Show simple item record

Maximum static inspiratory and expiratory pressures with different lung volumes

dc.contributor.authorLausted, Christopher G
dc.contributor.authorJohnson, Arthur T
dc.contributor.authorScott, William H
dc.contributor.authorJohnson, Monique M
dc.contributor.authorCoyne, Karen M
dc.contributor.authorCoursey, Derya C
dc.date.accessioned2021-12-09T14:59:13Z
dc.date.available2021-12-09T14:59:13Z
dc.date.issued2006-05-05
dc.identifierhttps://doi.org/10.13016/vmfj-3pbj
dc.identifier.citationLausted, C.G., Johnson, A.T., Scott, W.H. et al. Maximum static inspiratory and expiratory pressures with different lung volumes. BioMed Eng OnLine 5, 29 (2006).en_US
dc.identifier.urihttp://hdl.handle.net/1903/28221
dc.description.abstractMaximum pressures developed by the respiratory muscles can indicate the health of the respiratory system, help to determine maximum respiratory flow rates, and contribute to respiratory power development. Past measurements of maximum pressures have been found to be inadequate for inclusion in some exercise models involving respiration. Maximum inspiratory and expiratory airway pressures were measured over a range of lung volumes in 29 female and 19 male adults. A commercial bell spirometry system was programmed to occlude airflow at nine target lung volumes ranging from 10% to 90% of vital capacity. In women, maximum expiratory pressure increased with volume from 39 to 61 cmH2O and maximum inspiratory pressure decreased with volume from 66 to 28 cmH2O. In men, maximum expiratory pressure increased with volume from 63 to 97 cmH2O and maximum inspiratory pressure decreased with volume from 97 to 39 cmH2O. Equations describing pressures for both sexes are: Pe/Pmax = 0.1426 Ln( %VC) + 0.3402 R2 = 0.95 Pi/Pmax = 0.234 Ln(100 - %VC) - 0.0828 R2 = 0.96 These results were found to be consistent with values and trends obtained by other authors. Regression equations may be suitable for respiratory mechanics models.en_US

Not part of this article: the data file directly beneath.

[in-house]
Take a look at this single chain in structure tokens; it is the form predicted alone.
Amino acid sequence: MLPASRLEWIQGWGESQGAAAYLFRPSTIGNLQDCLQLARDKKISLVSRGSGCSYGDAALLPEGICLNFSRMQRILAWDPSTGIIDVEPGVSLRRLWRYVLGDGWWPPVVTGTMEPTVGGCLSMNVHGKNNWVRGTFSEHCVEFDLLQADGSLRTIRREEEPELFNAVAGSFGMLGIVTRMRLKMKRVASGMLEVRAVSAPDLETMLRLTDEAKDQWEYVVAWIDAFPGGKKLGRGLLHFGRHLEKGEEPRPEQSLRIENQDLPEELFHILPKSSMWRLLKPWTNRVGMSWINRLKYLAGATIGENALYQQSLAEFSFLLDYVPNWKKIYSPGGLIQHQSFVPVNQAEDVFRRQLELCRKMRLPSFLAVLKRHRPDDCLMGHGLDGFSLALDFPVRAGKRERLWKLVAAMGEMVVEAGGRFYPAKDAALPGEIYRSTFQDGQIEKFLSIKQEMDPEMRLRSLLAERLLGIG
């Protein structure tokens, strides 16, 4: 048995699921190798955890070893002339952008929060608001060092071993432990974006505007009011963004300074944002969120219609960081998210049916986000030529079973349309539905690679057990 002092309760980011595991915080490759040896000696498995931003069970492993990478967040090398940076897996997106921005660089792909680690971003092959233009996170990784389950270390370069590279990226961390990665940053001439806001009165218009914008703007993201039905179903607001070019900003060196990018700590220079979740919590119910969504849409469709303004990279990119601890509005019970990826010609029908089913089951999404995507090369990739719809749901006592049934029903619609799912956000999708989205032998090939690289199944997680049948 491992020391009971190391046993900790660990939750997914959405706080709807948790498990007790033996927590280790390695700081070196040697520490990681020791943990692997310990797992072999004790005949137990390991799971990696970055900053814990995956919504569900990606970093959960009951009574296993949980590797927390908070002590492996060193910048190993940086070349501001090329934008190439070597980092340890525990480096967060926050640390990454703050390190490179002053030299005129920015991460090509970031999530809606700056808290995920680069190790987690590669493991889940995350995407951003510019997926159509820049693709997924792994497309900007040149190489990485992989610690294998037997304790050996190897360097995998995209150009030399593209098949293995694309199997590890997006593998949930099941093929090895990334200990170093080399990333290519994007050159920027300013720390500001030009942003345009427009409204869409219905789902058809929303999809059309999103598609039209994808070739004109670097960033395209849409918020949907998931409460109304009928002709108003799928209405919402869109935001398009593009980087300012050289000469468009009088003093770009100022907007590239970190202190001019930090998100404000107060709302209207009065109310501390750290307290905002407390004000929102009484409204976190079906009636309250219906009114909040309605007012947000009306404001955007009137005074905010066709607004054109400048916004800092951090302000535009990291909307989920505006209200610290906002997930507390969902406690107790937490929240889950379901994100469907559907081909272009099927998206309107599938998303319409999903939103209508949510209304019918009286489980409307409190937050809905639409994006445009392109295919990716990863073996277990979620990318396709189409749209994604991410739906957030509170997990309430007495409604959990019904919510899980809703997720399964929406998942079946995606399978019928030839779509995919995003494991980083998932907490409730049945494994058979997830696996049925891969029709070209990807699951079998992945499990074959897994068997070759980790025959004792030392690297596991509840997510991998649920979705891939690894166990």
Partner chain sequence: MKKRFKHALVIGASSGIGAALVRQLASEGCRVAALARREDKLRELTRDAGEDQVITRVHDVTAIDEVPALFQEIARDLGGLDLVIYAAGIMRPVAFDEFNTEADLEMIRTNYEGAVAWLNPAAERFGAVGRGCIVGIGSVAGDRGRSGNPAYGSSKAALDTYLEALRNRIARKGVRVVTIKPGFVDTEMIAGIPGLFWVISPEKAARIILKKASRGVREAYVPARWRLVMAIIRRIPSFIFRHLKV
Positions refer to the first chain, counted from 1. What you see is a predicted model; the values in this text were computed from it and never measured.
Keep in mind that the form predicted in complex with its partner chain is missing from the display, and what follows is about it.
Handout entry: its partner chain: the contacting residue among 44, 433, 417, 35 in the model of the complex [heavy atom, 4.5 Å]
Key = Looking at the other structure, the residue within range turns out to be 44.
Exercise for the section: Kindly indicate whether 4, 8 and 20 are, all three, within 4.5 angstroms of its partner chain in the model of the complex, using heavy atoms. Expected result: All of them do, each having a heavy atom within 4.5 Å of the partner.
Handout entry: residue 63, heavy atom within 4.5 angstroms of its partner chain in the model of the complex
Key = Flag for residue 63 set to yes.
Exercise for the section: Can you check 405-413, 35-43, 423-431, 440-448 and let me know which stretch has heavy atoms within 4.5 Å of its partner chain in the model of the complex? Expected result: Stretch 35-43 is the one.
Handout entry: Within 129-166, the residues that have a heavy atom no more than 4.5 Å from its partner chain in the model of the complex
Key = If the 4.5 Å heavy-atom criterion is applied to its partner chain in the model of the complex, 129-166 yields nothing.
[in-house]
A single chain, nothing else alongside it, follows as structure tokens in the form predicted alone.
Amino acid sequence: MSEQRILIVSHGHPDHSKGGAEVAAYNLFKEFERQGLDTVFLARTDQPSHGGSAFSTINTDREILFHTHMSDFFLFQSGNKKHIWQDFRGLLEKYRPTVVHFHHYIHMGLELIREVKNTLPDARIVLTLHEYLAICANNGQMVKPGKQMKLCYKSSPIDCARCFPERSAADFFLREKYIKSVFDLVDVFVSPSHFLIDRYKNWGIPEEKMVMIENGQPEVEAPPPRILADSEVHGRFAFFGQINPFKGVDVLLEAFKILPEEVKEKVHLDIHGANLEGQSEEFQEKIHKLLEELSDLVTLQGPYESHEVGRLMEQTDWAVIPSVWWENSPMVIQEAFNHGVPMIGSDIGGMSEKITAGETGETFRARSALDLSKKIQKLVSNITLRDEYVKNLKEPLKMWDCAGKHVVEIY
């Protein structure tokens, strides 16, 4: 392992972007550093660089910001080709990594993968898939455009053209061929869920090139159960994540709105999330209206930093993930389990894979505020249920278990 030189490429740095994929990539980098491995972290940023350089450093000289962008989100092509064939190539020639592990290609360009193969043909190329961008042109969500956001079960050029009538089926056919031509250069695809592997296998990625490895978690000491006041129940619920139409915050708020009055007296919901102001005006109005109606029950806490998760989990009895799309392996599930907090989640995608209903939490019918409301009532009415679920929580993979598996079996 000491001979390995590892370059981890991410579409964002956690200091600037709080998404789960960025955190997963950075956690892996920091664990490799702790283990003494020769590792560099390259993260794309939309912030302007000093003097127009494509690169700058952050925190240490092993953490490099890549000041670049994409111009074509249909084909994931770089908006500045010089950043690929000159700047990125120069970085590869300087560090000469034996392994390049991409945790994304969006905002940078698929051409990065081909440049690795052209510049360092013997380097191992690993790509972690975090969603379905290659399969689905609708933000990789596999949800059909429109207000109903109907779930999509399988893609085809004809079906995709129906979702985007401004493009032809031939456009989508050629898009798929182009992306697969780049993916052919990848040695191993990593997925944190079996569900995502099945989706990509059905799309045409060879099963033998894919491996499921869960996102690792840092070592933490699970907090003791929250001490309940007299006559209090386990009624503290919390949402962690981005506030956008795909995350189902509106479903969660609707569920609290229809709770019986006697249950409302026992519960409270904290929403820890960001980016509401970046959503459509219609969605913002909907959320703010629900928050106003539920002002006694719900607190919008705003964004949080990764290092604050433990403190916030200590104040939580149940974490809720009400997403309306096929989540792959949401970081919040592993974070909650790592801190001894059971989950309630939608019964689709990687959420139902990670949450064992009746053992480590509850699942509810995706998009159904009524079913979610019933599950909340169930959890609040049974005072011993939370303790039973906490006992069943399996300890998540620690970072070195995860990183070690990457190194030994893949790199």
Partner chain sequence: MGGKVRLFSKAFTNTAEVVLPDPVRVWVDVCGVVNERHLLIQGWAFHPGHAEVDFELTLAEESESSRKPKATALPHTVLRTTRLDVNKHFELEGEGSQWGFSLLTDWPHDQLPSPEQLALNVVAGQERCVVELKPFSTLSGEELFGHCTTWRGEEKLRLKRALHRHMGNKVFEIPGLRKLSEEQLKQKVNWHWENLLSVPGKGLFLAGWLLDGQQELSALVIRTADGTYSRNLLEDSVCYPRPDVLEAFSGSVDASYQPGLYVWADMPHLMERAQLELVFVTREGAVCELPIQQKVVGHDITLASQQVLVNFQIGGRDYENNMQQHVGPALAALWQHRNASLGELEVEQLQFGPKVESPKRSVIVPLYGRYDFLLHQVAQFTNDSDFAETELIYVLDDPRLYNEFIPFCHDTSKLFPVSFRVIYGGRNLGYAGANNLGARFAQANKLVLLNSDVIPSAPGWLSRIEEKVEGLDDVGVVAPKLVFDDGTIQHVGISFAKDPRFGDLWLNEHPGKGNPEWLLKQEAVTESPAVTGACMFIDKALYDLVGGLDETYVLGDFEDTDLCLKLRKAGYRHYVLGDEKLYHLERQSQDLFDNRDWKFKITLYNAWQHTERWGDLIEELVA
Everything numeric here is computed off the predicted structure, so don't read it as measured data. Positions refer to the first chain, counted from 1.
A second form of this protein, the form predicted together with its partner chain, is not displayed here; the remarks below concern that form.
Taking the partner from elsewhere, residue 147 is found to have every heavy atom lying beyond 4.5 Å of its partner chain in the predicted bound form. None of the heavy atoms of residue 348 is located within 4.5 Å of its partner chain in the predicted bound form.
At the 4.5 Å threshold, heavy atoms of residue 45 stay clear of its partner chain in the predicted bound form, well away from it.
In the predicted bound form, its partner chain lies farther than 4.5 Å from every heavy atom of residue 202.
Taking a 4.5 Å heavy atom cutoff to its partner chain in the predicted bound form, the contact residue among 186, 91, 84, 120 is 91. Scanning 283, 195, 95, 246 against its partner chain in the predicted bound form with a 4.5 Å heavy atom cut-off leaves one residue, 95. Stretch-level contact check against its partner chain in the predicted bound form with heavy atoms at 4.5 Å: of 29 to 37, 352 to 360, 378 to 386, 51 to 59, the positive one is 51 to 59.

dc.description.urihttps://doi.org/10.1186/1475-925X-5-29
dc.language.isoen_USen_US
dc.publisherSpringer Natureen_US
dc.subjectLung Volumeen_US
dc.subjectVital Capacityen_US
dc.subjectMaximum Pressureen_US
dc.subjectRespiratory Muscleen_US
dc.subjectFunctional Residual Capacityen_US
dc.titleMaximum static inspiratory and expiratory pressures with different lung volumesen_US
dc.typeArticleen_US
dc.relation.isAvailableAtA. James Clark School of Engineeringen_us
dc.relation.isAvailableAtFischell Department of Bioengineeringen_us
dc.relation.isAvailableAtDigital Repository at the University of Marylanden_us
dc.relation.isAvailableAtUniversity of Maryland (College Park, MD)en_us


Files in this item

Thumbnail

This item appears in the following Collection(s)

Show simple item record